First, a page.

“We’ve got to do a better job of distinguishing those programs,” Lewis said. “As we assess the landscape right now, I can tell you that we charge different amounts for each, but are we truly delivering different value for one investment versus the other?”
The corporate sponsorship program is just one aspect of the NCAA that Lewis will oversee as he moves past the unpacking-boxes stage. He’ll also be responsible for all 89 of the NCAA’s championship events and partnerships with sponsors, broadcasters, licensees, and hospitality and ticketing partners.
Lewis, whose father, Bill, was a head football coach at Wyoming, East Carolina and Georgia Tech, already has met with many of the corporate champions and partners, begun a search for two new positions to oversee men’s and women’s basketball (see related story), and watched as the planning for a busy spring season of championship events unfolds.
Making sure the NCAA maximizes those events, from an experience and a monetary standpoint, is part of his responsibility.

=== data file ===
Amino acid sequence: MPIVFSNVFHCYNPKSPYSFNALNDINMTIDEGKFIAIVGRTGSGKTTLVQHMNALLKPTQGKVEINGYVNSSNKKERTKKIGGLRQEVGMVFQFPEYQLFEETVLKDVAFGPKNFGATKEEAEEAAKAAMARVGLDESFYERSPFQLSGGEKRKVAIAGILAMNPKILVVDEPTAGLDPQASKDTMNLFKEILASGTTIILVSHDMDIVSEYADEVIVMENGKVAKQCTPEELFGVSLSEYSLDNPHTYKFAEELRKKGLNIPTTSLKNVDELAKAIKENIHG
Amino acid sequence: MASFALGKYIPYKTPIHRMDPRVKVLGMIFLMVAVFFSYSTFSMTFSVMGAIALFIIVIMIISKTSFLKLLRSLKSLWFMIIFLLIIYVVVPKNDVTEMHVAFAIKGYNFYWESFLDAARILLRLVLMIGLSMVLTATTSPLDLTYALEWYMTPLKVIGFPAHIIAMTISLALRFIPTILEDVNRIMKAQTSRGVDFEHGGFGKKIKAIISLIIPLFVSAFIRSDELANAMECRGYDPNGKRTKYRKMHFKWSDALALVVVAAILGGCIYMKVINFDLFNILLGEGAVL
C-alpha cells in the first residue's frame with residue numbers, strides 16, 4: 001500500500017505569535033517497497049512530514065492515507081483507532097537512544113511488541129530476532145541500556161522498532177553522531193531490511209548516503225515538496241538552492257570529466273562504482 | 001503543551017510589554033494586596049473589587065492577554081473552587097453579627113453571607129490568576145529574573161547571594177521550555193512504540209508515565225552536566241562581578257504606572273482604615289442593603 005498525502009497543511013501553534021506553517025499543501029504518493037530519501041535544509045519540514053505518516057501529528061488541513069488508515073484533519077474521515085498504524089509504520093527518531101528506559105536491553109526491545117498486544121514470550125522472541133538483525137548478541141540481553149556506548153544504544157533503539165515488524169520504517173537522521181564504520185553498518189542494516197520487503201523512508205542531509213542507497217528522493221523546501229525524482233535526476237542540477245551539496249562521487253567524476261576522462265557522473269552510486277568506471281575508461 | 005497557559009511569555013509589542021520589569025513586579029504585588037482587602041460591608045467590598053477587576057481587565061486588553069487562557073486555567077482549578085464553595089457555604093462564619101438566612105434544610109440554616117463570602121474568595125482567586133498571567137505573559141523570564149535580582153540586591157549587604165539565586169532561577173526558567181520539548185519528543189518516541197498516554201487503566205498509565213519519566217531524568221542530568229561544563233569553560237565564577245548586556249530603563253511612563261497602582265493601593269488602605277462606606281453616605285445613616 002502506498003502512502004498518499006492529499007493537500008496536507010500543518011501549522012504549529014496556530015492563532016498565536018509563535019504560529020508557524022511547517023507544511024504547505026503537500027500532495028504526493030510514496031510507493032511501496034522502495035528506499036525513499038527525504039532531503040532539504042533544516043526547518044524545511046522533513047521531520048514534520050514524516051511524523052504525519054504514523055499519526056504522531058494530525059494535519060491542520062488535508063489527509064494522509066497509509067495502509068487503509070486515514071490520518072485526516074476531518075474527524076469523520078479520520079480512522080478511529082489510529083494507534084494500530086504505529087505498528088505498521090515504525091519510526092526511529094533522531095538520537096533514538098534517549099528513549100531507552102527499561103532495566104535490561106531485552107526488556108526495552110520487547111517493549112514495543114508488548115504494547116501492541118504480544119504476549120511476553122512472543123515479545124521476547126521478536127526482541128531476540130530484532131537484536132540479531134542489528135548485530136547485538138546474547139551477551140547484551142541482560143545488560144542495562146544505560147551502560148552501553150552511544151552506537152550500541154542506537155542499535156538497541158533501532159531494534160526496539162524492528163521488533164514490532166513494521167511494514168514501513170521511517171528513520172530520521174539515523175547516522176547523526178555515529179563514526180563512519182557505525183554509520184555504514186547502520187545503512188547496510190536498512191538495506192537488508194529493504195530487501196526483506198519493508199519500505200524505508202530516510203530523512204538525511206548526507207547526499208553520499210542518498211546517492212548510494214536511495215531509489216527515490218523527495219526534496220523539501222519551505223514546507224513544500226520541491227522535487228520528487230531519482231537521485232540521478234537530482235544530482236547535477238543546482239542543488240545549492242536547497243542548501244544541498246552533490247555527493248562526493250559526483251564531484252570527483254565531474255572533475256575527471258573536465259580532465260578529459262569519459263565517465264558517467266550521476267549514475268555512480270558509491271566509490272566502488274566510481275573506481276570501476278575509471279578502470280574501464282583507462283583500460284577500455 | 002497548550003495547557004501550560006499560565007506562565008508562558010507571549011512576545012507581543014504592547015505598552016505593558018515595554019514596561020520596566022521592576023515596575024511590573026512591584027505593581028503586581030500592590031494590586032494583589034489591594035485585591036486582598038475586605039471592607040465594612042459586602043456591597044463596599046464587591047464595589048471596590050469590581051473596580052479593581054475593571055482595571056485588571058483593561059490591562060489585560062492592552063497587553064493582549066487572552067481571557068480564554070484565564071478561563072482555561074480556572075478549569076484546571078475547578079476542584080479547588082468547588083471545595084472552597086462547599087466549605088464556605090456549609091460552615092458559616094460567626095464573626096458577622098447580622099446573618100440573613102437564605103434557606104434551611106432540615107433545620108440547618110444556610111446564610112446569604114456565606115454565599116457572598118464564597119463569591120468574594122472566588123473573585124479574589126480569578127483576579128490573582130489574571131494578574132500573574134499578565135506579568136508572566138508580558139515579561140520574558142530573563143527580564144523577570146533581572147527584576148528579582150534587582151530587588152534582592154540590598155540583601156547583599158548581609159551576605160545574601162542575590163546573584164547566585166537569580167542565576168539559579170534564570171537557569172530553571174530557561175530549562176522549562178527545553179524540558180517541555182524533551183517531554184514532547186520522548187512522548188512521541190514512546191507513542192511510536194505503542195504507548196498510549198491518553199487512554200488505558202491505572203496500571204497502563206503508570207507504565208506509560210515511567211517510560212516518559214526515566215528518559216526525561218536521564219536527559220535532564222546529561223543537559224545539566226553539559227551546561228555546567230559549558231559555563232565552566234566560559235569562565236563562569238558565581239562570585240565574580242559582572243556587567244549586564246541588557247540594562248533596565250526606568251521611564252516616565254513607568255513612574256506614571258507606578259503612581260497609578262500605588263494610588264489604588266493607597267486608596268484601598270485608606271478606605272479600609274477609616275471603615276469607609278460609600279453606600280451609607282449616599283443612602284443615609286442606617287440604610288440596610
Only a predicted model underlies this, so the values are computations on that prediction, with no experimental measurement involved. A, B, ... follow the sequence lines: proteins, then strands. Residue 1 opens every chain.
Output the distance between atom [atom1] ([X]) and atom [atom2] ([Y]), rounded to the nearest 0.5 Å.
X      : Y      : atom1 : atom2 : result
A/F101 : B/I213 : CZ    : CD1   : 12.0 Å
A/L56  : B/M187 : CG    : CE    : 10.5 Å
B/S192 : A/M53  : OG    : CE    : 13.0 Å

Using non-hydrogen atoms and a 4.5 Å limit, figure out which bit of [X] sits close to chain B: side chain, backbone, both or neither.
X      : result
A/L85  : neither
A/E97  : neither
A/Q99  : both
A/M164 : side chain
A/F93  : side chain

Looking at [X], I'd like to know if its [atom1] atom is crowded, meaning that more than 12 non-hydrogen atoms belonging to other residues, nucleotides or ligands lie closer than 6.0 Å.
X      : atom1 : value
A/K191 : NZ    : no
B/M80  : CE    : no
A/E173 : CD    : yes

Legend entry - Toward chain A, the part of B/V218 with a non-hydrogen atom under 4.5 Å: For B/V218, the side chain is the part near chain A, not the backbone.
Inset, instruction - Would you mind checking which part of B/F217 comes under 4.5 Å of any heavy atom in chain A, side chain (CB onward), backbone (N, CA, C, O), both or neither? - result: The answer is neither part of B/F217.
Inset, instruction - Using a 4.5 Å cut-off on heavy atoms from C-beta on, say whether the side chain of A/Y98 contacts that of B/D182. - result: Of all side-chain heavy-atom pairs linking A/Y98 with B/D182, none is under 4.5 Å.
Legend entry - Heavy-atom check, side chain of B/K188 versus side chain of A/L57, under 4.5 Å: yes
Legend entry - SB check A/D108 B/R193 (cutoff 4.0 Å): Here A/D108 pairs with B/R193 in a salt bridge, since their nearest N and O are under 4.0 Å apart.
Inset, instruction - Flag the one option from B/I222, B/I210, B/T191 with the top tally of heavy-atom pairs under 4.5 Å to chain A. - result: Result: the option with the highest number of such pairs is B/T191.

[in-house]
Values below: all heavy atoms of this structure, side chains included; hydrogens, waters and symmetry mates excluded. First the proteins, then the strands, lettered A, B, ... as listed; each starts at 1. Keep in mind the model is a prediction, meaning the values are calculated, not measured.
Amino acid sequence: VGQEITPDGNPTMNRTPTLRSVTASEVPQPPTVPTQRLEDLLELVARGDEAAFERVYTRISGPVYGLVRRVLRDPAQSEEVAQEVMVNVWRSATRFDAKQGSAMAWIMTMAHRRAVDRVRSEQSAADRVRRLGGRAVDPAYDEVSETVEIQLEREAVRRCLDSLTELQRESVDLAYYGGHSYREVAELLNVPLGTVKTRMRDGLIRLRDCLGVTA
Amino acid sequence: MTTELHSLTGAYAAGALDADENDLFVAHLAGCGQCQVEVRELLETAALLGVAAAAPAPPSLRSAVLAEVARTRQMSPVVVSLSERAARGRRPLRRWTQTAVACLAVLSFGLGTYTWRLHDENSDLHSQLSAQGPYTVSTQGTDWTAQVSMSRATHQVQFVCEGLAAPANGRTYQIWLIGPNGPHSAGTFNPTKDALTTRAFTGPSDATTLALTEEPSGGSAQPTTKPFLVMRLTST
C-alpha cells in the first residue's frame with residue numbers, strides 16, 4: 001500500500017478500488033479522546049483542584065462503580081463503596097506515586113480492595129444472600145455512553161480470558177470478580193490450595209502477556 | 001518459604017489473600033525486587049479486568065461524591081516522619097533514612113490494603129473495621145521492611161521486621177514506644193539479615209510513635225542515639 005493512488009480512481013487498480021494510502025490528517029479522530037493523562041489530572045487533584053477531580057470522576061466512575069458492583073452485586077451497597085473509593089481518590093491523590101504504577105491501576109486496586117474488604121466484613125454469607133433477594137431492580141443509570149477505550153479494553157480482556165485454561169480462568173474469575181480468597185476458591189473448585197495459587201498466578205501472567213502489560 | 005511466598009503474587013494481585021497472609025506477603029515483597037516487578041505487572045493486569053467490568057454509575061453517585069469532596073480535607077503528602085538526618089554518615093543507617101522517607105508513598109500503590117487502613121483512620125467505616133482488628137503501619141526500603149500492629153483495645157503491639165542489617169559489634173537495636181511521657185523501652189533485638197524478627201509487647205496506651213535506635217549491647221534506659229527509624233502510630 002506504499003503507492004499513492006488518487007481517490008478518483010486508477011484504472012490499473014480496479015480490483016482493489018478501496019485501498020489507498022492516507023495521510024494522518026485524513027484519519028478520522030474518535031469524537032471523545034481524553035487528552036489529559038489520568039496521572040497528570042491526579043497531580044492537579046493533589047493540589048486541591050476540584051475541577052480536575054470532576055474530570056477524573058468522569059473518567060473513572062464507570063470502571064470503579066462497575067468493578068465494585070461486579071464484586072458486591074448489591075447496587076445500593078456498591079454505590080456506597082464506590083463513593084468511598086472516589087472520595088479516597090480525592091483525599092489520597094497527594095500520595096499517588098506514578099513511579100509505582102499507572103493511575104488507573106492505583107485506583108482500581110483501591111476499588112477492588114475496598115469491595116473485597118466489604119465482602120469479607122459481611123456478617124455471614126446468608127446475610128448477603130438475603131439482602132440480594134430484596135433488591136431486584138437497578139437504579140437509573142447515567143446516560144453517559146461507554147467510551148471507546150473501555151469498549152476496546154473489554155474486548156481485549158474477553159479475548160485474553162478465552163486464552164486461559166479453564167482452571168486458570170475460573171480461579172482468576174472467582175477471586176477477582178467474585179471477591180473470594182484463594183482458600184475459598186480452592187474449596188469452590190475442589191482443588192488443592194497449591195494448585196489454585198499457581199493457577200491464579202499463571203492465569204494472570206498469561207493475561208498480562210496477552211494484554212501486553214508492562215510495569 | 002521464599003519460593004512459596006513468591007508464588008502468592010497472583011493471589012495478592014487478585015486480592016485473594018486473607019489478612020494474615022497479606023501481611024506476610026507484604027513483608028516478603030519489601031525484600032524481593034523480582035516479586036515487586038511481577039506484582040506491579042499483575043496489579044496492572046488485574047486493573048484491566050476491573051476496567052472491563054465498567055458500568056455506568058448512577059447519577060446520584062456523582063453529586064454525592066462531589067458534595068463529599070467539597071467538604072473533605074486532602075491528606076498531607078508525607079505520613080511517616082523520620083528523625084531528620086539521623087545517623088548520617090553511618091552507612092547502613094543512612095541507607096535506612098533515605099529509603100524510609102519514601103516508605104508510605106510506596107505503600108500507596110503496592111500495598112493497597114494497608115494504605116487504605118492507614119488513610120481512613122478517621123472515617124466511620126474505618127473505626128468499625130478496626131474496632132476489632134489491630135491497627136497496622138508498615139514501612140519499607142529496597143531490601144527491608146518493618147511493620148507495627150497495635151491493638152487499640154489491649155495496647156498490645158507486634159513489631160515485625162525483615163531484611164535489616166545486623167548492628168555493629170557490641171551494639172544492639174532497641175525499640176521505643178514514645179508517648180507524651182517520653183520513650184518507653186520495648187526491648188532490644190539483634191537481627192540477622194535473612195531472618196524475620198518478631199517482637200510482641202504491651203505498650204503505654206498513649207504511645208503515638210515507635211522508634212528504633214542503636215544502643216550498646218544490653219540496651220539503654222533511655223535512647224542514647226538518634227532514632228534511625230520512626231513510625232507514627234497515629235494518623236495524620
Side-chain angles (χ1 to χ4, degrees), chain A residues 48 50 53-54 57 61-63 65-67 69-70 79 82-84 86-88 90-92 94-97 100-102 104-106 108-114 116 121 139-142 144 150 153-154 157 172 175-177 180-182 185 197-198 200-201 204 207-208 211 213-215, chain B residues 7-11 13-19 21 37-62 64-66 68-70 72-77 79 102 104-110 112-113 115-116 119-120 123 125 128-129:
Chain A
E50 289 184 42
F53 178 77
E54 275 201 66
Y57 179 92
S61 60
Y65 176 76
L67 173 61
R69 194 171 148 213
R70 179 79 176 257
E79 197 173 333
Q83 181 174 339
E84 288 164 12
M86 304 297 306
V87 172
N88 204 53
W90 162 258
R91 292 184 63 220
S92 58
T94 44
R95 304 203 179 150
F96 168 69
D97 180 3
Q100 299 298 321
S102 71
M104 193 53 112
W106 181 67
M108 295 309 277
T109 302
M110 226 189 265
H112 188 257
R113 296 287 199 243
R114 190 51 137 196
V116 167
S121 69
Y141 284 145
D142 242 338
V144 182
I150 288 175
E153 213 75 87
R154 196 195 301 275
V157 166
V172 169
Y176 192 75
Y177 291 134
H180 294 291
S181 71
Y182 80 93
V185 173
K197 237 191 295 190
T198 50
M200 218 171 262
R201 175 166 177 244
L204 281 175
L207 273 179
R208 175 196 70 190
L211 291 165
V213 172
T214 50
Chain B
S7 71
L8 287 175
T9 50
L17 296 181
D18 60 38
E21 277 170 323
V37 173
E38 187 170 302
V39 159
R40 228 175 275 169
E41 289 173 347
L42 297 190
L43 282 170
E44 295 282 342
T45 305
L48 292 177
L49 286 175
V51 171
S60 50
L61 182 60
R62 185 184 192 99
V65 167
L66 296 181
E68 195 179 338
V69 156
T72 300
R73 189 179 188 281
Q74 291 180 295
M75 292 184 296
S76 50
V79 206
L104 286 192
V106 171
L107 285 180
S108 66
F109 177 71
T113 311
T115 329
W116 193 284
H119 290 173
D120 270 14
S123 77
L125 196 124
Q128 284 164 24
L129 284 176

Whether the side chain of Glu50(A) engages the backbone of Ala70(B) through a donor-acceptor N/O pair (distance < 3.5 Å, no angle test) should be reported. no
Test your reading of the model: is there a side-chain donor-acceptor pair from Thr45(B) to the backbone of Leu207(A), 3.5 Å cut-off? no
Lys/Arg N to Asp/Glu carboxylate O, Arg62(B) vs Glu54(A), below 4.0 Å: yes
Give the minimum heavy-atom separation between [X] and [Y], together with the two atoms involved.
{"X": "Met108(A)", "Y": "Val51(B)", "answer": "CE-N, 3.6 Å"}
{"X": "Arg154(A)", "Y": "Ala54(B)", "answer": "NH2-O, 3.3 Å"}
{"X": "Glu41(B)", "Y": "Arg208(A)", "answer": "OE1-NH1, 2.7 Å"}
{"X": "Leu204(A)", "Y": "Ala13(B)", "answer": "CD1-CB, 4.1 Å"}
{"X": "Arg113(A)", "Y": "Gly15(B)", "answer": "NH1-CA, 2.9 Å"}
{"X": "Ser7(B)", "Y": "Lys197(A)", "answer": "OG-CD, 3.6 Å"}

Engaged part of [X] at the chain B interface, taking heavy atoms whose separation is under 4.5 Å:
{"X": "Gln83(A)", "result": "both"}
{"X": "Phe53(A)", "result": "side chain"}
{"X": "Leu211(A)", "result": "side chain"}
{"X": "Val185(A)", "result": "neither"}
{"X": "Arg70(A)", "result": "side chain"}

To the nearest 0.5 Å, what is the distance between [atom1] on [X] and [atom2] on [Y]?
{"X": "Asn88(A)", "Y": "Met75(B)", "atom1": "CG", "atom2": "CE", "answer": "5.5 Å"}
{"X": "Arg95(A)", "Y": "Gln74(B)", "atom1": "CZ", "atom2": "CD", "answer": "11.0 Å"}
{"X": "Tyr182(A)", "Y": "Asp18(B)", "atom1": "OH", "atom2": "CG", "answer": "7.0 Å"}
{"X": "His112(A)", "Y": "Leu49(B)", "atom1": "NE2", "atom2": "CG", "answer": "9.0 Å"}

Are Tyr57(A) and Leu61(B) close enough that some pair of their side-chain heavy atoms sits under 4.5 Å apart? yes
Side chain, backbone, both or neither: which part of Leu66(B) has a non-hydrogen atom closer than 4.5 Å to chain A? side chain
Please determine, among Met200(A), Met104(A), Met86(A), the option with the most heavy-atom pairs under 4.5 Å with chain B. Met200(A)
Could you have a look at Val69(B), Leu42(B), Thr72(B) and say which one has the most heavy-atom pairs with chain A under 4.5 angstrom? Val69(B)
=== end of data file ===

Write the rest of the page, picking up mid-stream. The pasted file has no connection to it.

“We need to create new and perhaps unknown revenue models,” Lewis said. “That’s something that needs to be explored. That will be an area of focus. When you look at FIFA, they have their global partners and then they have sponsors that are local as they move events from one country to another. We have a combination of events that are very customizable.”
FishBait Marketing’s Rick Jones, who first met the new NCAA executive when Lewis was vice president of marketing for the Salt Lake City Olympics, thinks that Lewis’ background in the Olympics will benefit the NCAA’s non-basketball events.
“Hopefully, he’ll realize that there’s more revenue to be extracted from the other sports,” Jones said. “Men’s basketball pays just about all the bills. Mark’s background in the Olympics should help the NCAA monetize some of the other sports.”
As for the greatest lightning rod issue that Shaheen faced during his leadership of the men’s basketball championship — possible expansion of the tournament — Lewis doesn’t anticipate facing that question any time soon.
“That’s been done and dusted,” Lewis said. “I’m looking forward to executing what’s already been decided in that regard.”